Polysaccharide Storage Myopathy

Stephanie Valberg, DVM, PhD, professor of large animal medicine and director of the University of Minnesota's Equine Center discussed PSSM at the AAEP Convention 2006. The disorder causes muscle pain, stiffness, and cramping, and some horses demonstrate exercise intolerance, poor performance, muscle weakness, atrophy, or related behavioral changes. This syndrome is caused by an inherited enzyme defect that allows accumulations of glycogen in the muscle.

Gene expression is markedly influenced by the horse's environment, particularly as related to diet and exercise. The most prevalent breeds affected include Quarter Horse-related breeds, drafts, and Warmbloods. Individuals within other breeds have been recognized with this syndrome.

The typical horse with PSSM is calm--even sedate--and well-muscled, but not very fit. Signs usually show up at the beginning of a training session. An affected horse is not necessarily being fed a high-grain diet, although high-carbohydrate and high-starch diets amplify signs in many instances. Many affected horses stop to posture as if to urinate; it is thought that this relieves cramping in the abdominal muscles. In draft breeds, it is typical to see muscle atrophy, abnormal gait, and high-stepping action in the rear limbs. Eventually there is progressive weakness and muscle atrophy. Warmblood horses often demonstrate signs of a sore back, sore muscles, reluctance to collect, and overall poor performance issues.

Although there is a genetic marker test potentially available in the near future, the most definitive way to diagnose this problem is with a muscle biopsy, which is sent to an appropriate lab where it is frozen for analysis. The results are graded as mild, moderate, or severe.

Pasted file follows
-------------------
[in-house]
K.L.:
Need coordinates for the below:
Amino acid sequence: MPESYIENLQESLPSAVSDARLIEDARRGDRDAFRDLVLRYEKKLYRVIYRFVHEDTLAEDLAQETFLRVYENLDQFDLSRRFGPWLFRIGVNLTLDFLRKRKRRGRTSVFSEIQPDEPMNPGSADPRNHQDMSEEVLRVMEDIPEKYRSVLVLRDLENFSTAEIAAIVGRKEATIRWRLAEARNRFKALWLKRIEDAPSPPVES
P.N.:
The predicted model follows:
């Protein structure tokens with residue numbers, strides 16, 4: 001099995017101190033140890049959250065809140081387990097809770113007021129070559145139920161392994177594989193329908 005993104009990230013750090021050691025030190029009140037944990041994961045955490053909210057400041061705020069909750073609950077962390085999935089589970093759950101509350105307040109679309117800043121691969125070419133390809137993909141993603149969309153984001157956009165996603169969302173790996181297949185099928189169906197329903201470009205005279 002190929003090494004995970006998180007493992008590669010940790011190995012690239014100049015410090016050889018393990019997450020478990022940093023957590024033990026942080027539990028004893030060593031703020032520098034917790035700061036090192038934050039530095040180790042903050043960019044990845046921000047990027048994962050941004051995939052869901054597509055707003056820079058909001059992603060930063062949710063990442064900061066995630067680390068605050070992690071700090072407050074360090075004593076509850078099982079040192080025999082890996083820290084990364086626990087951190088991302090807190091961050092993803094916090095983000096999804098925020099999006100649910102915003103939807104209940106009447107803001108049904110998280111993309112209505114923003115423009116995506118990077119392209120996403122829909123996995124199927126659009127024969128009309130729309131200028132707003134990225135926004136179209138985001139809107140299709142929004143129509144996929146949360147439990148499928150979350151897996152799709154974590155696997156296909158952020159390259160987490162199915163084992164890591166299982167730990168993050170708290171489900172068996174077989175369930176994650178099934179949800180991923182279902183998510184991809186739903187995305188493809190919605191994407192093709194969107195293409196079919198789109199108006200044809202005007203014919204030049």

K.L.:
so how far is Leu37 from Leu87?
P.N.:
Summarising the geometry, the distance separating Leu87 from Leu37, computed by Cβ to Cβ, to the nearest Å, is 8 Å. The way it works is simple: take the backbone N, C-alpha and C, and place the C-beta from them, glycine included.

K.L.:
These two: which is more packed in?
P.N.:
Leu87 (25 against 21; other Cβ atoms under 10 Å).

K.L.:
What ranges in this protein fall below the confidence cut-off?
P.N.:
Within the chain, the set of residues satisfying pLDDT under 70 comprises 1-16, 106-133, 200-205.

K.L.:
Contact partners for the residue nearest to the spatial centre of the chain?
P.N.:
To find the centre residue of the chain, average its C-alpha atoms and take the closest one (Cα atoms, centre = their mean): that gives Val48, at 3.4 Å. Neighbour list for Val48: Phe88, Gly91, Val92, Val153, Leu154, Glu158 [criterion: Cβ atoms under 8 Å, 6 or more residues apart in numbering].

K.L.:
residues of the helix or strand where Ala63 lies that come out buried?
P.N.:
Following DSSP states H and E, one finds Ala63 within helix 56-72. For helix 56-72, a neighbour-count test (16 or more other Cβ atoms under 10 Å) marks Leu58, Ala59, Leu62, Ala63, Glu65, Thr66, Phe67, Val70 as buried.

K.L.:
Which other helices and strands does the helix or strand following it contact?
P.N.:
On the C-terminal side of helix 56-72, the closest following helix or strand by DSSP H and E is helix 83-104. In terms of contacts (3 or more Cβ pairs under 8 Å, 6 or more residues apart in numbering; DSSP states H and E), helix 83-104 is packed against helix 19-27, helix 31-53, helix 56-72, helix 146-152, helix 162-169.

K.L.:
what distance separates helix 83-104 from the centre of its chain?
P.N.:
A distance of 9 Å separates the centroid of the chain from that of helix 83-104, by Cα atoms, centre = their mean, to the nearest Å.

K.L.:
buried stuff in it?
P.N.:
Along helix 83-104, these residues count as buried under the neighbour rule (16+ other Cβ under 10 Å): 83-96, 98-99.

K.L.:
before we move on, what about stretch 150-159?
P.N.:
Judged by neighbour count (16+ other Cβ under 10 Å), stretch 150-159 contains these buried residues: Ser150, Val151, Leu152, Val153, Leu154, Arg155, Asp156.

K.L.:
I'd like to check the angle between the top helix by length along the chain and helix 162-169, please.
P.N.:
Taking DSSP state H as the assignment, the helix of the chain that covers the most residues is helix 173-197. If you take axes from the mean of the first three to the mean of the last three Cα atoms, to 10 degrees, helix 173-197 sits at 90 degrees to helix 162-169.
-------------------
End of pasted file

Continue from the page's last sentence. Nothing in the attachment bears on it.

Not all horses with PSSM demonstrate clinical signs, nor do they all have elevations in muscle enzymes. It tends to be first recognized in Quarter Horses at four to five years of age and Warmbloods and draft horses aged eight to 11 years. After exercise, a normal horse will slowly absorb glucose from the bowel and slowly replenish metabolized glycogen to normal resting levels. In a PSSM horse following exercise, there is overcompensation, so glycogen is packed into the muscles, reaching twice- normal levels.

A PSSM horse that eats grain seems to produce less of an insulin response compared to a normal horse, yet that insulin has a greater impact to transport more glucose into the cells as free, non- phosphorylated (not yet activated into a useful high-energy compound) glucose. If the glucose is not immediately used, it is synthesized and stored as excess glycogen. These glycogen packets are visible under the microscope through staining of the biopsy sample. There seems to be some limitation on how well PSSM horses can use this excess glycogen for energy generation.

Once a diagnosis is obtained, treatment relies on management with strict diet and exercise protocols. These horses will always be at risk of some underlying muscle soreness, but at least 80% can improve with diet and exercise.